As a child, I loved to walk along the banks of the river Wye, popping the Himalayan balsam pods and laughing as they exploded everywhere. But it is an invasive monoculture, and damaging to the banks of the river, causing  erosion, and detrimental to other, less invasive species. My sister-in-law  and brother are  busy growing a native wildflower meadow near to the river and  they are very choosy about their weeds!

One of our regular allotment agenda items was “The Japanese  knotweed is coming out of the woods!” These huge giants are almost impossible to kill and we had regular workparties to try to stop them encroaching on our plots. There is a similar situation in Portugal, with plants such as Agave Americana, Mimosa and Pampas grasses romping away at the expense of slower growing indigenous species.

So, a line has to be drawn. Here in Portugal, some beautiful plants have been considered invasive and a danger to the native species and this is where, I guess, we have to stop and think.  There are obviously some weeds which are so invasive you can’t have them all over the place.  On the allotment, couch grass was one of these;  here in my garden in the Algarve, even though it is beautiful,Chrysanthemum Coronium is one,wild spinach is another.

ImageChrysanthemum Coronium in my garden

I don’t use any weed killer in my garden, so what to do? The spinach is fine. The chickens love it, but they don’t eat the chrysanthemums, so I have resolved to let them grow, just not fifteen feet tall as they did last year. A gentle strim every now and then suffices. In the vegetable garden, I am trying to keep weeds at bay with a straw mulch, which seems to be working fairly well. I also use the chicken bedding, which is wood shavings, mixed with chicken poo, being careful to rot it down first. Although the shavings can rob the soil of nitrogen, I reckon the chicken poo puts it back. So we end up evens. And where I really want things to get a head start, I have used permeable weed suppressant material and a thick mulch of gravel. This keeps the weeds out and the water in (called Brita here) A word of warning though, if your soil is very heavy clay as mine is, as the roots can get waterlogged. Put some gravel into the hole first before planting for drainage.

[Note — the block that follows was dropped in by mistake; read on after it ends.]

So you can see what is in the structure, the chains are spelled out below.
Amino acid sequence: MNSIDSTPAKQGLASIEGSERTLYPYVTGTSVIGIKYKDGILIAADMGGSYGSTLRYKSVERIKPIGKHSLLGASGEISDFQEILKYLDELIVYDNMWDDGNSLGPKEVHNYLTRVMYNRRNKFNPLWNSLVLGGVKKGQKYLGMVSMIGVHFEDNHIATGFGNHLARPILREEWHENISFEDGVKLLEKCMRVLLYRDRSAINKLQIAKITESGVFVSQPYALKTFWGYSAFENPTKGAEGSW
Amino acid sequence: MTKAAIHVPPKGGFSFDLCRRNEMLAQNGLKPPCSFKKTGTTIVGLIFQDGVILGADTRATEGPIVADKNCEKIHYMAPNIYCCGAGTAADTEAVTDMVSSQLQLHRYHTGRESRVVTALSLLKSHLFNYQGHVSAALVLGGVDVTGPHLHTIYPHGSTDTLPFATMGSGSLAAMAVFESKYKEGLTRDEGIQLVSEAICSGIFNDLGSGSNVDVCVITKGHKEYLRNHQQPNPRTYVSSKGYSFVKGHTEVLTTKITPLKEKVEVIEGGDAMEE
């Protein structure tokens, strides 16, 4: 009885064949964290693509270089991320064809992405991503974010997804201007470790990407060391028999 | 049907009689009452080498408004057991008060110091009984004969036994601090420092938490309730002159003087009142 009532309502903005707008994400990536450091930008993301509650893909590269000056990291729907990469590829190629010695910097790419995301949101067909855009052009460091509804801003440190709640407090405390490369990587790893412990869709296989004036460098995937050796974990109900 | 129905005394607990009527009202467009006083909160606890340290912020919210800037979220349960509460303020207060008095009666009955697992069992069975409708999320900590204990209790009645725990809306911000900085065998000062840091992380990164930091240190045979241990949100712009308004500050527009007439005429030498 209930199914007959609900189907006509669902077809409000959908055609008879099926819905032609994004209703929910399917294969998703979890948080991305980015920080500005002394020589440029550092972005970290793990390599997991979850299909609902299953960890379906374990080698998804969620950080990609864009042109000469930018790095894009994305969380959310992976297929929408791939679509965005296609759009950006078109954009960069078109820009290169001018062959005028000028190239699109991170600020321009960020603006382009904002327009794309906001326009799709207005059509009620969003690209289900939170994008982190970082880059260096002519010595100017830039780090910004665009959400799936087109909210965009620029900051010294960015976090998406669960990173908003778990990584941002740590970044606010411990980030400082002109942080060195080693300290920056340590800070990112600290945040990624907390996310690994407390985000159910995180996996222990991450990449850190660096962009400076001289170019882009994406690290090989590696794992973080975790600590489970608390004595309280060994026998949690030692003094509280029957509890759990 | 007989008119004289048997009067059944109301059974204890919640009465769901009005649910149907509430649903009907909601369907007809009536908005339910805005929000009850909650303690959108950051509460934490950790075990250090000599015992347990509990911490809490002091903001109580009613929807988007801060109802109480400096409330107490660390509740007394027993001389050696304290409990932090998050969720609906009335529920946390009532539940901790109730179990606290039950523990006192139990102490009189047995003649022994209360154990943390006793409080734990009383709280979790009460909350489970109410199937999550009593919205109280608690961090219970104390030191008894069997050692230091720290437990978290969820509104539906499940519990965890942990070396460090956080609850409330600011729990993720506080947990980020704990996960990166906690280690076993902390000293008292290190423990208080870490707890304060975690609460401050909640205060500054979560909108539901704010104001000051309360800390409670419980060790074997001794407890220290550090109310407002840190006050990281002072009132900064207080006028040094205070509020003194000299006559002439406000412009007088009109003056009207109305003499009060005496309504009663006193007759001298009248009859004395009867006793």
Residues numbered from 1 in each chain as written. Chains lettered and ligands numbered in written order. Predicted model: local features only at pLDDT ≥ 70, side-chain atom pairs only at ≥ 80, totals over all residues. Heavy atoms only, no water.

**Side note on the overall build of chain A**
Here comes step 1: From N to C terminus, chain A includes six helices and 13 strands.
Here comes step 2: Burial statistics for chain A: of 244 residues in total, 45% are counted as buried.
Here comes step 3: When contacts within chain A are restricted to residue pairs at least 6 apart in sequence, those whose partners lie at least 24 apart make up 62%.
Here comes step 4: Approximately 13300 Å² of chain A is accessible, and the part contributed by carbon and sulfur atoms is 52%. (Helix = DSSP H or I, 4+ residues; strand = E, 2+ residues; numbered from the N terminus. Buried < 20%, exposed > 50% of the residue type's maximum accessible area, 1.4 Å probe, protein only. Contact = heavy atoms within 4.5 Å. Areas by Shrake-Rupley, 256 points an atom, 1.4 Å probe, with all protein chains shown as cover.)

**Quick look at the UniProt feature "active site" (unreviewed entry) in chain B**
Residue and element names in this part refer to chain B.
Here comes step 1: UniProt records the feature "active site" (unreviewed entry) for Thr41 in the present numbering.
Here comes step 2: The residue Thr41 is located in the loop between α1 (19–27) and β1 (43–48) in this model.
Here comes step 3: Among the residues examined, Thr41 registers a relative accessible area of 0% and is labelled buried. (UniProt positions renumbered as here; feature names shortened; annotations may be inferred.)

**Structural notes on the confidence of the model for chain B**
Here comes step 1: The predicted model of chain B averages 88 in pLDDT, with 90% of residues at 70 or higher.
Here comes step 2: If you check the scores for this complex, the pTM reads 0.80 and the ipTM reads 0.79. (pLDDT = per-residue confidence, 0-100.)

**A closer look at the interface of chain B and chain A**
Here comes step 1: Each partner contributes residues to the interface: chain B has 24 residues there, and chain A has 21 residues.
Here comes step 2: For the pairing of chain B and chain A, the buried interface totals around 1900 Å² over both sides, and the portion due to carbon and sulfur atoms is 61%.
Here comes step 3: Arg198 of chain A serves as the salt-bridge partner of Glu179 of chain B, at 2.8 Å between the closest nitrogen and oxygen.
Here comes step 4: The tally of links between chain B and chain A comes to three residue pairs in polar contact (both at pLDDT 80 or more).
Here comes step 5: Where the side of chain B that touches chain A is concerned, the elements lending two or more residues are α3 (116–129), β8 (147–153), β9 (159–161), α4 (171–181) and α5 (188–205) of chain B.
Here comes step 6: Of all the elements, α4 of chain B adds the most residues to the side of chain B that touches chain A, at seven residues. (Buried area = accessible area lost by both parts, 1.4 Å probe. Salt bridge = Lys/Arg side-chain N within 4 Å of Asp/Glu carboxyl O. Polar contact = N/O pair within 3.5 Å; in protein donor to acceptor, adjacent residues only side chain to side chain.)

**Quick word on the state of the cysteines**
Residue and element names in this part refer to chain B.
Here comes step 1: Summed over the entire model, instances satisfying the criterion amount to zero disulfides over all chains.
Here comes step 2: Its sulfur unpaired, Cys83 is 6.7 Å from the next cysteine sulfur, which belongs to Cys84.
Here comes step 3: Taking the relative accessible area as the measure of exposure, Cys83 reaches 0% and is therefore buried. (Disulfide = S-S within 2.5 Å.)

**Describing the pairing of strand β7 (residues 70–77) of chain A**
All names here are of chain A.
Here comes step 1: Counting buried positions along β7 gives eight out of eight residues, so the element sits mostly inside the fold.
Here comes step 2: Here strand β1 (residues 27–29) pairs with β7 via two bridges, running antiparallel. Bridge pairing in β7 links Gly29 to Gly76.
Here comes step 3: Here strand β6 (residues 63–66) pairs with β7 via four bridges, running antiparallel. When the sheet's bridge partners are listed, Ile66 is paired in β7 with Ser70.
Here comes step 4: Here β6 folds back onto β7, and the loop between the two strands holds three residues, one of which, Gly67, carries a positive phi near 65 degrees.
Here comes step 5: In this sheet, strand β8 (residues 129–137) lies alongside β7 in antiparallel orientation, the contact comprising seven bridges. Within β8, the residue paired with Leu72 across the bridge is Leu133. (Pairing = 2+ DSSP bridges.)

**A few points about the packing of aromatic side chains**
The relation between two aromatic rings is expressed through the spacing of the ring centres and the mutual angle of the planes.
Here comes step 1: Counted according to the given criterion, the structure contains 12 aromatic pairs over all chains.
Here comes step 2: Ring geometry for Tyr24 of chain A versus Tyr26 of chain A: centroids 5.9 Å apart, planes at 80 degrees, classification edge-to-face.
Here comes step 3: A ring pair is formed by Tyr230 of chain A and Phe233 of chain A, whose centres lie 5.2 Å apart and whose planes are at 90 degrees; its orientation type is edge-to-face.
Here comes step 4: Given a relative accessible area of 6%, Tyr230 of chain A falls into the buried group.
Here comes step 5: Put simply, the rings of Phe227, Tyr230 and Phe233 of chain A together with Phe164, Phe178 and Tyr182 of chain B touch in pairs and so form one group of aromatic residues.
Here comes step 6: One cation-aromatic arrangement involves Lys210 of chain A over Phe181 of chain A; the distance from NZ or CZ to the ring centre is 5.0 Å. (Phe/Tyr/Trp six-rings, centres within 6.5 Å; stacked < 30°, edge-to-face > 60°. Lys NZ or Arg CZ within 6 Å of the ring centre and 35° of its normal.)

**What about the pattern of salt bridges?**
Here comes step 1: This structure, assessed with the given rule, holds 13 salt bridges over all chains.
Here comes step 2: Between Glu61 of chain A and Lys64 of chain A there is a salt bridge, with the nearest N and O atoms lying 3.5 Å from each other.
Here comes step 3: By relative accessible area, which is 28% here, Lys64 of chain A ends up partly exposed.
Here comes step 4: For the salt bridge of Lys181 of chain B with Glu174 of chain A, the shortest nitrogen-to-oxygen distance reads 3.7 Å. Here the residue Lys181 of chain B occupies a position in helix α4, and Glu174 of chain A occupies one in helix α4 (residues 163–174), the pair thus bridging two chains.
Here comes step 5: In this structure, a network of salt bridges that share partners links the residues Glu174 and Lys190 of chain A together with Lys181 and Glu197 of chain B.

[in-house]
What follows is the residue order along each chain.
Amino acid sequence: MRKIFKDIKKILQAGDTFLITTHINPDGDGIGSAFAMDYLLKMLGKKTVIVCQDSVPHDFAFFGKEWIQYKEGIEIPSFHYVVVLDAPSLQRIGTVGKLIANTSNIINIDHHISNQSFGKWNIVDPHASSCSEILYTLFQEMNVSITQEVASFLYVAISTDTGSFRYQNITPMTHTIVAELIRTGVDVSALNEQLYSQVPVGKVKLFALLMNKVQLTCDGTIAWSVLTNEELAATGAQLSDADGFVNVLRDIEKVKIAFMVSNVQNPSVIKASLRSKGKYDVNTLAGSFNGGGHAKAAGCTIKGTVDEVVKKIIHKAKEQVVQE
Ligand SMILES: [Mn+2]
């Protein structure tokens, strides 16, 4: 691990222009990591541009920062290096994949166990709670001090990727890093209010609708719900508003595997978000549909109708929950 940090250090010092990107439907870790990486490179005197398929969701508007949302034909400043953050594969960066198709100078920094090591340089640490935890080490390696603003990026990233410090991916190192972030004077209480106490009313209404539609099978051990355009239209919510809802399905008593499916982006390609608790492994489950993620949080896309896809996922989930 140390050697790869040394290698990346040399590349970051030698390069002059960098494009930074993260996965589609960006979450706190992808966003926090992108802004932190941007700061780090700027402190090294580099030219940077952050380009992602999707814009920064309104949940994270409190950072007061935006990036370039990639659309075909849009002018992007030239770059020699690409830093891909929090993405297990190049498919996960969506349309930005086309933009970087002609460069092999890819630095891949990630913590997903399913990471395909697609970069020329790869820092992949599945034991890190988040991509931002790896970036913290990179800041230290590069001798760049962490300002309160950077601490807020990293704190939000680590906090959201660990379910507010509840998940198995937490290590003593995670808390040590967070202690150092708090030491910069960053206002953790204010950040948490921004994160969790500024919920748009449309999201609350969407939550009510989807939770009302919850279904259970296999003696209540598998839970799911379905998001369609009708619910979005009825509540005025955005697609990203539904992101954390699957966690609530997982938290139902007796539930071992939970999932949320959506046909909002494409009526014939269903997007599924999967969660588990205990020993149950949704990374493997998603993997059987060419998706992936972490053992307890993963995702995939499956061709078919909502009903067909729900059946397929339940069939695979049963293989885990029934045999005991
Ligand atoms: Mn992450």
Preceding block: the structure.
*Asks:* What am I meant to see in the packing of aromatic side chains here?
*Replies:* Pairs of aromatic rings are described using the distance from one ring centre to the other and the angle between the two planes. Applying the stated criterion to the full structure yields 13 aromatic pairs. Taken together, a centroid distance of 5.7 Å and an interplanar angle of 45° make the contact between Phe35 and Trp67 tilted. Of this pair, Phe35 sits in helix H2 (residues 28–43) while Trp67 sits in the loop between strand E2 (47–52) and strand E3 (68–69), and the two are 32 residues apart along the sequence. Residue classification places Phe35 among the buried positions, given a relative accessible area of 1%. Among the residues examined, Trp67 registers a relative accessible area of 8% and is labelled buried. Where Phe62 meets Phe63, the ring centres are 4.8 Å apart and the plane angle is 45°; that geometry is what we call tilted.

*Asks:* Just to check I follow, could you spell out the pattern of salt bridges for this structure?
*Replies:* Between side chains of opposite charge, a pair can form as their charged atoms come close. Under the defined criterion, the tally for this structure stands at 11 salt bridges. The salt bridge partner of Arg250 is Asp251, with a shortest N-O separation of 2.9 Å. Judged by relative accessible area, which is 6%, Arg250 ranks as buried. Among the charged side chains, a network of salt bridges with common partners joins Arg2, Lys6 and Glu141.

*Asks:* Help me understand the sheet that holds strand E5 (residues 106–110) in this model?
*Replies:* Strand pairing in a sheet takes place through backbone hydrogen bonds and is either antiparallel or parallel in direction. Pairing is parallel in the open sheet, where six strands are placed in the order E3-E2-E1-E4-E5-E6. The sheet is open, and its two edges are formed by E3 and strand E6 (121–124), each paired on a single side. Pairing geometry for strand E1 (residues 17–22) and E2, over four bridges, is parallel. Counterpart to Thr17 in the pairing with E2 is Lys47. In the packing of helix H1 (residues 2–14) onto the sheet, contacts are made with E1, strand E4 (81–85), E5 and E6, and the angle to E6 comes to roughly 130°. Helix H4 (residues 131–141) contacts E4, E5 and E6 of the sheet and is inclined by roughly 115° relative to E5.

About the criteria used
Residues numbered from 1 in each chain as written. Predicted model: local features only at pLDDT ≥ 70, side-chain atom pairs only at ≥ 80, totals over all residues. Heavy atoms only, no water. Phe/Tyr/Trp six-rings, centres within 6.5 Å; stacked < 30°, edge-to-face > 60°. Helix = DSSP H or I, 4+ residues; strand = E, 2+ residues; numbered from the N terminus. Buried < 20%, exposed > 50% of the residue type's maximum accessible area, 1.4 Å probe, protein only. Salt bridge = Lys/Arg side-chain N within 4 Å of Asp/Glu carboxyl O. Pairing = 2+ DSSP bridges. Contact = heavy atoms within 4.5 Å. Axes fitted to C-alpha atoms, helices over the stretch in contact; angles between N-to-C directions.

In my quest to understand the flora and fauna of the Algarve, I have made some wonderful discoveries about the “weeds” in my garden.  I have found Alexanders, a beautiful plant, edible in all its parts (Although great care has to be taken in identification, as it is in the umbellifer family and related to the deadly Hemlock) I have left them to flourish in a corner of my vegetable garden.Wild asparagus, a prickly, but beautiful plant with edible shoots is present  and Borage growing everywhere…a great bee attracter. I even have some wild Delphiniums and six feet tall Mallows! I  have left areas for the natural flora and fauna to grow as it will, although I have had to protect it from the chickens (see last post)

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Alexanders (Smyrium Olusatrum)

To the aged and wise Portugese “Donnas” who live in this little village, the “weeds” are their medicine chest and their flavourings …this one’s leaves  as a tea for constipation, that one if you can’t sleep, this one has roots that you can use to bring down a fever, that one for flavouring your olives.

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A mulched area in its infancy, planted with succulents, and other drought resistant plants

It’s a race against time whether I can learn enough Portugese to try and understand their wisdom in these things. And sadly, you have to be very wary nowadays where you pick your medicines. The men are already out with their yellow tanks on their backs…spraying things to hell.

Gardening in Portugal with chickens